• Trust – lack of trust on the part of the requester in what they are being told
  • Understanding – lack of understanding leading to information being perceived as unclear or unhelpful


As detailed above, an organisation has one month to respond requests, which can be extended to three months if it is a complex request. Where the standard time limit of one month cannot be adhered to, the individual making the request needs to be informed.

Relationship Break Down and Trust

If a request is taking longer than expected to deal with, or the focus of the request needs to be narrowed, this must be communicated to the requesting individual. Open dialogue with data subjects allows trust to be built and gives them confidence that their request is being dealt with effectively.


Complaints often arise out of a lack of understanding of how an individual’s data is being used and/or how a request is being handled. Transparency is key. This begins in your data policies and notices. It is important that potential data subjects consulting your policies will know how their data will be handled by your organisation.


Where exemptions apply, it is vital that you communicate these accurately to the requestor, including why you believe they apply. When doing so, and in all your dealings with the data subject, use plain English.

In addition to the above, good practices to help ensure compliance include:

  • Create a system to handle requests effectively: depending on the size of the organisation, and the nature of the processing activities carried out, you may be required to have a Data Protection Officer. However, it is good practice, irrespective of the scale of your processing, to have a designated employee within the organisation who handles DSARs and other privacy requests
  • Train all employees: it is likely that all employees will come into contact with personal data, and it is therefore vital that they understand their obligations when handling personal data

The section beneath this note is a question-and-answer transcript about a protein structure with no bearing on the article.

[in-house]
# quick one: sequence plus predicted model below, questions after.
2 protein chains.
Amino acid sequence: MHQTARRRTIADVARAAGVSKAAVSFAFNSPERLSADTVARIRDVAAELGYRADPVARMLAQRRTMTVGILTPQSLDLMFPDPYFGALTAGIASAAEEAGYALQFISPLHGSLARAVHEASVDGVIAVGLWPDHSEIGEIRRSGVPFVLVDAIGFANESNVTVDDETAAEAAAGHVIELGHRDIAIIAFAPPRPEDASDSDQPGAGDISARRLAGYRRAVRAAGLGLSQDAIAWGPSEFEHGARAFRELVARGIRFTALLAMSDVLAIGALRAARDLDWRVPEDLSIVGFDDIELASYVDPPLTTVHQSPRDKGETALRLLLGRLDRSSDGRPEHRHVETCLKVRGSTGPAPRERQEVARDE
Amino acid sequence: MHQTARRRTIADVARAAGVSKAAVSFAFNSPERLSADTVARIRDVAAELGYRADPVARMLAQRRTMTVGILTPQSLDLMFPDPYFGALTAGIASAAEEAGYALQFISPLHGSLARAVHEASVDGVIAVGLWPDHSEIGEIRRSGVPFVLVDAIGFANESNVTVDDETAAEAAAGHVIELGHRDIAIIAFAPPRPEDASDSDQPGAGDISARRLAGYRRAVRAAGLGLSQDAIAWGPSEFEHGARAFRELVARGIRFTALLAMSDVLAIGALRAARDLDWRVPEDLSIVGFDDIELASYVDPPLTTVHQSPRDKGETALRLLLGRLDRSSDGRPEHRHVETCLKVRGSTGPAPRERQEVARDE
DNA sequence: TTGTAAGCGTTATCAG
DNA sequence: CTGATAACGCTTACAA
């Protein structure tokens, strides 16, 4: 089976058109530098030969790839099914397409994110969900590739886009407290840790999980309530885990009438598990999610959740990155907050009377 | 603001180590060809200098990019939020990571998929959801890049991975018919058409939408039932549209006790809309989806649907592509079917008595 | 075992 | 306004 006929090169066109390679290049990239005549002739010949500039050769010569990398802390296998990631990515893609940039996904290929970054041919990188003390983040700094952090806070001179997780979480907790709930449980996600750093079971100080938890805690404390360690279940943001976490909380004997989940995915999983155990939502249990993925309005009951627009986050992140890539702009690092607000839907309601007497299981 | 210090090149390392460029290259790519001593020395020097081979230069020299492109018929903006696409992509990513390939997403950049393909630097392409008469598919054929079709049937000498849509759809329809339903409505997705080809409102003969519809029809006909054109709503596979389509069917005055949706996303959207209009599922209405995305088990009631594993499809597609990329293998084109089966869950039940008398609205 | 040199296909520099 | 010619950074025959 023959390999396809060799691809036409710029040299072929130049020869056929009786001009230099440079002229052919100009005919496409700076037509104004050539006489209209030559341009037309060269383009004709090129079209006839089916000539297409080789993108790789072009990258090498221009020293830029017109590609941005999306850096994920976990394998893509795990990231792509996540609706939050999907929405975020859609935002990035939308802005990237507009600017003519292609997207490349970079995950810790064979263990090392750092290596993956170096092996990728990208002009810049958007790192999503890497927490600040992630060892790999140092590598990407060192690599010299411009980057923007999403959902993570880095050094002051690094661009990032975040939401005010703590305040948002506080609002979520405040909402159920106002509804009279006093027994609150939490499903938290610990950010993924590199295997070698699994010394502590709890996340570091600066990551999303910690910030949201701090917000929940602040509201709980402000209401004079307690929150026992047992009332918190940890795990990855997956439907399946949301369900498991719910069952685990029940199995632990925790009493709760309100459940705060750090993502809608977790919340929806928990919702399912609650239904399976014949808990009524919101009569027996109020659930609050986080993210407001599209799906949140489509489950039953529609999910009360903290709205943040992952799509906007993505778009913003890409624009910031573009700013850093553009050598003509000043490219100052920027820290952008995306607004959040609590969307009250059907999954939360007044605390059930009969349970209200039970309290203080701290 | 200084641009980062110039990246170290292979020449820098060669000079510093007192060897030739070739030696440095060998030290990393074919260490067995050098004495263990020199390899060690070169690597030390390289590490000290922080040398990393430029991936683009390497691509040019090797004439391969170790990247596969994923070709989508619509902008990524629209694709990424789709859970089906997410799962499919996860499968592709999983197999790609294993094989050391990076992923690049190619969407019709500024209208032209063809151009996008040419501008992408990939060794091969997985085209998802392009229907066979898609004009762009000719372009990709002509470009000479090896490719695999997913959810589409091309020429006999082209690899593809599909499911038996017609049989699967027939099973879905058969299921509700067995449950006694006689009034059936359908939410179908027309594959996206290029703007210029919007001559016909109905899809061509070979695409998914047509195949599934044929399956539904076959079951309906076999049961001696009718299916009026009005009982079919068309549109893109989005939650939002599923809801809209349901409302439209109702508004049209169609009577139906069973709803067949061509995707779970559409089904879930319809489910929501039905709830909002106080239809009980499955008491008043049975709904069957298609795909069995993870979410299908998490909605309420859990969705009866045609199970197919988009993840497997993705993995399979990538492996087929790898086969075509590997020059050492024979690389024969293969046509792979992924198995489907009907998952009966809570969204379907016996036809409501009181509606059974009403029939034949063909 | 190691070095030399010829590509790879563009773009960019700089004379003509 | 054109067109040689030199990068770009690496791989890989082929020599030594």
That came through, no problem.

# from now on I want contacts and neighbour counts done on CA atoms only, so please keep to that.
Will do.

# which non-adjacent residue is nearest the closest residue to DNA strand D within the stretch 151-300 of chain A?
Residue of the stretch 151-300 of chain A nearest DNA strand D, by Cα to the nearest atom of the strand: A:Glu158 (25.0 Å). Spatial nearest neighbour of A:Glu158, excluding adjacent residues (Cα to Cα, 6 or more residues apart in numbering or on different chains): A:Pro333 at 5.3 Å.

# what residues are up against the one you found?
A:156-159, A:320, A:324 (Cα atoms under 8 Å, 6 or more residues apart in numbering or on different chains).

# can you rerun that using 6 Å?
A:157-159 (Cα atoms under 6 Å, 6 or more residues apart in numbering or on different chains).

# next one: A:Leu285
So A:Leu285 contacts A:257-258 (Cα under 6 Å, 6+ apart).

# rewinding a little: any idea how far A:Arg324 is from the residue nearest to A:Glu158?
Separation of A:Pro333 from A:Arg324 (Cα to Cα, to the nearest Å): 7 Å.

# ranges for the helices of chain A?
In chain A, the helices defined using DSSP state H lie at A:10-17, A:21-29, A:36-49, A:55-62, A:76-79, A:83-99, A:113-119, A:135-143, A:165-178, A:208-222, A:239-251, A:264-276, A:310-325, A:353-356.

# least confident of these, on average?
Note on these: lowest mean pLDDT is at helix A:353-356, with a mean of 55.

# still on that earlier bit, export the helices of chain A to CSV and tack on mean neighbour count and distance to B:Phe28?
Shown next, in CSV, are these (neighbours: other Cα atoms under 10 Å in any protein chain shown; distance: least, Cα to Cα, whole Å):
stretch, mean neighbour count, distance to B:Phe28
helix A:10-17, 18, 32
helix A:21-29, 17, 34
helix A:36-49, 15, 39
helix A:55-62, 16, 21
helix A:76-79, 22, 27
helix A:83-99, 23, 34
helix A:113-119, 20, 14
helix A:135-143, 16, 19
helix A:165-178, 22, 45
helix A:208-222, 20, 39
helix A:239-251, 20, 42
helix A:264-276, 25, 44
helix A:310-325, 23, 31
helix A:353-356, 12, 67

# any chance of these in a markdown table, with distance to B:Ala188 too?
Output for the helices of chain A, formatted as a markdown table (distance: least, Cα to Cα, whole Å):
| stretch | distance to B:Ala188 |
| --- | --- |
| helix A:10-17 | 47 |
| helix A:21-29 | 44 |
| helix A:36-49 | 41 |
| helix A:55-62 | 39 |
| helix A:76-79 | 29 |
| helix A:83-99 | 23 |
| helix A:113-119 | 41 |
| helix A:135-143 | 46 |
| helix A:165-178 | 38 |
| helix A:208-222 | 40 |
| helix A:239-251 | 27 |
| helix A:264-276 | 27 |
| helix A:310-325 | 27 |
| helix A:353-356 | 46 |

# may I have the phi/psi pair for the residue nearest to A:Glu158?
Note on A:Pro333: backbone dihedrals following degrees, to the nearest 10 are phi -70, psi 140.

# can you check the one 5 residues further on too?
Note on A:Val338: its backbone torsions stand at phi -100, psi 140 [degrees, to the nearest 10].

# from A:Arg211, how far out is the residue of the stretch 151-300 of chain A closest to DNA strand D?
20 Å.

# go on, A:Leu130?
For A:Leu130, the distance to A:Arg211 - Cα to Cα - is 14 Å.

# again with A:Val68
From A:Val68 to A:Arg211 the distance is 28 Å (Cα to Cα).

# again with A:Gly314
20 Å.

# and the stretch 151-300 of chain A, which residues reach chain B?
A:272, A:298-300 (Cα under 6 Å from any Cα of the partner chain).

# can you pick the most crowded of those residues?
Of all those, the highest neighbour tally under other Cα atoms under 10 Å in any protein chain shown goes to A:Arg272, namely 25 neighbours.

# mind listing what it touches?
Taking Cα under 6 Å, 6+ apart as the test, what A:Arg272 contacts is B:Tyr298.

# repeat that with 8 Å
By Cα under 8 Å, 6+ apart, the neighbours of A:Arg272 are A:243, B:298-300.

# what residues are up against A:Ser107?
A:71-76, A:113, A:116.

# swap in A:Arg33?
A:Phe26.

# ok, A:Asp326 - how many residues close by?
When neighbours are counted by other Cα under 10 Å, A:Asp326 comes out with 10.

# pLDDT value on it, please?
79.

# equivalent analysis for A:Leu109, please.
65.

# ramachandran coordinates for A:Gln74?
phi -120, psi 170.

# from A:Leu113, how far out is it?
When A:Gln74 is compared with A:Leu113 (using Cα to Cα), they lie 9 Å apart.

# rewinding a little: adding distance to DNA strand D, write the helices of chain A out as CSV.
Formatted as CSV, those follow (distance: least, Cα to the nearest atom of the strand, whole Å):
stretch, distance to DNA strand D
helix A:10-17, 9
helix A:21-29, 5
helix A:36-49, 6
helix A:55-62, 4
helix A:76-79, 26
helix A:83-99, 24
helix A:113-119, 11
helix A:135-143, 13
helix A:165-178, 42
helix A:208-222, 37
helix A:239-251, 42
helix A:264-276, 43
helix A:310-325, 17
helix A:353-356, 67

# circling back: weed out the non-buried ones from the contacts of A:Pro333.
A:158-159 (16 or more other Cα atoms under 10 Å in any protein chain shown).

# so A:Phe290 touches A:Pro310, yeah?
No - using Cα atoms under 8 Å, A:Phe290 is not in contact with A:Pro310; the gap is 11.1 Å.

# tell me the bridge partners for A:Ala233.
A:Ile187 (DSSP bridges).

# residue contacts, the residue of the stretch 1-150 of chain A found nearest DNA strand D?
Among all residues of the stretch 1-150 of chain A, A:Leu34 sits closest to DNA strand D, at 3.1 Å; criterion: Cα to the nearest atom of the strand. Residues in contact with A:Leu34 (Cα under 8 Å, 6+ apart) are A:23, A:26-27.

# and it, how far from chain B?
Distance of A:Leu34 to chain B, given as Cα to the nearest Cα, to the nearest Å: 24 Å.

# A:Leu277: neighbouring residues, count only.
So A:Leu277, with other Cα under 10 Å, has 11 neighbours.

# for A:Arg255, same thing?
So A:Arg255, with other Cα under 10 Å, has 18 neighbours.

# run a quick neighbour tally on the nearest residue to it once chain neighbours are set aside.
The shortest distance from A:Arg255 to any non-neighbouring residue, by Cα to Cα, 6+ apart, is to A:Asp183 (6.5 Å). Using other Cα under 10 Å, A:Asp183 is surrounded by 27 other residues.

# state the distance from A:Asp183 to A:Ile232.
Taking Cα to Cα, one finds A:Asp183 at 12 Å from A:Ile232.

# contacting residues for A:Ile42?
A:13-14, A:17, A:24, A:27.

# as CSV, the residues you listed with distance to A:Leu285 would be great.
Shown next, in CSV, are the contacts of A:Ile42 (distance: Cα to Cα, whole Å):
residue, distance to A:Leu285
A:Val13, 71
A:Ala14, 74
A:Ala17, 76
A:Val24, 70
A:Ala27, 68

• Try to clarify the scope of the request: often a request will be a general one and the data subject will not ask for specific information. Where an organisation processes a large amount of information about the data subject, it is prudent to seek to clarify the request which can in turn lead to it  being narrowed 
  • Create an audit trail:  this will ensure compliance at all stages and, in the event of a complaint, demonstrate the systems you have in place.

Looking ahead

These recent reprimands by the ICO show the increasing role the regulator is having in the UK’s data market. While the actions are not as eye catching as the recent fines handed to Tuckers Solicitors and Clearview, it is a warning to organisations that the ICO is keeping a watchful eye on data protection practices.

Piers Leigh-Pollitt

Piers advises a mixture of corporates and individuals on a wide range of HR/employment law matters and data protection issues (mainly from an HR perspective). Piers is also the firm’s internal compliance officer and handles all regulatory and internal compliance matters. He also heads up the firm's Data Privacy team and holds the Practitioner Certificate in Data Protection (GDPR).

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Mike Hibberd

Mike is an employment and data privacy law expert advising both organisations and senior individuals on a wide range of human resources and related issues.

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The articles published on this website, current at the date of publication, are for reference purposes only. They do not constitute legal advice and should not be relied upon as such. Specific legal advice about your own circumstances should always be sought separately before taking any action.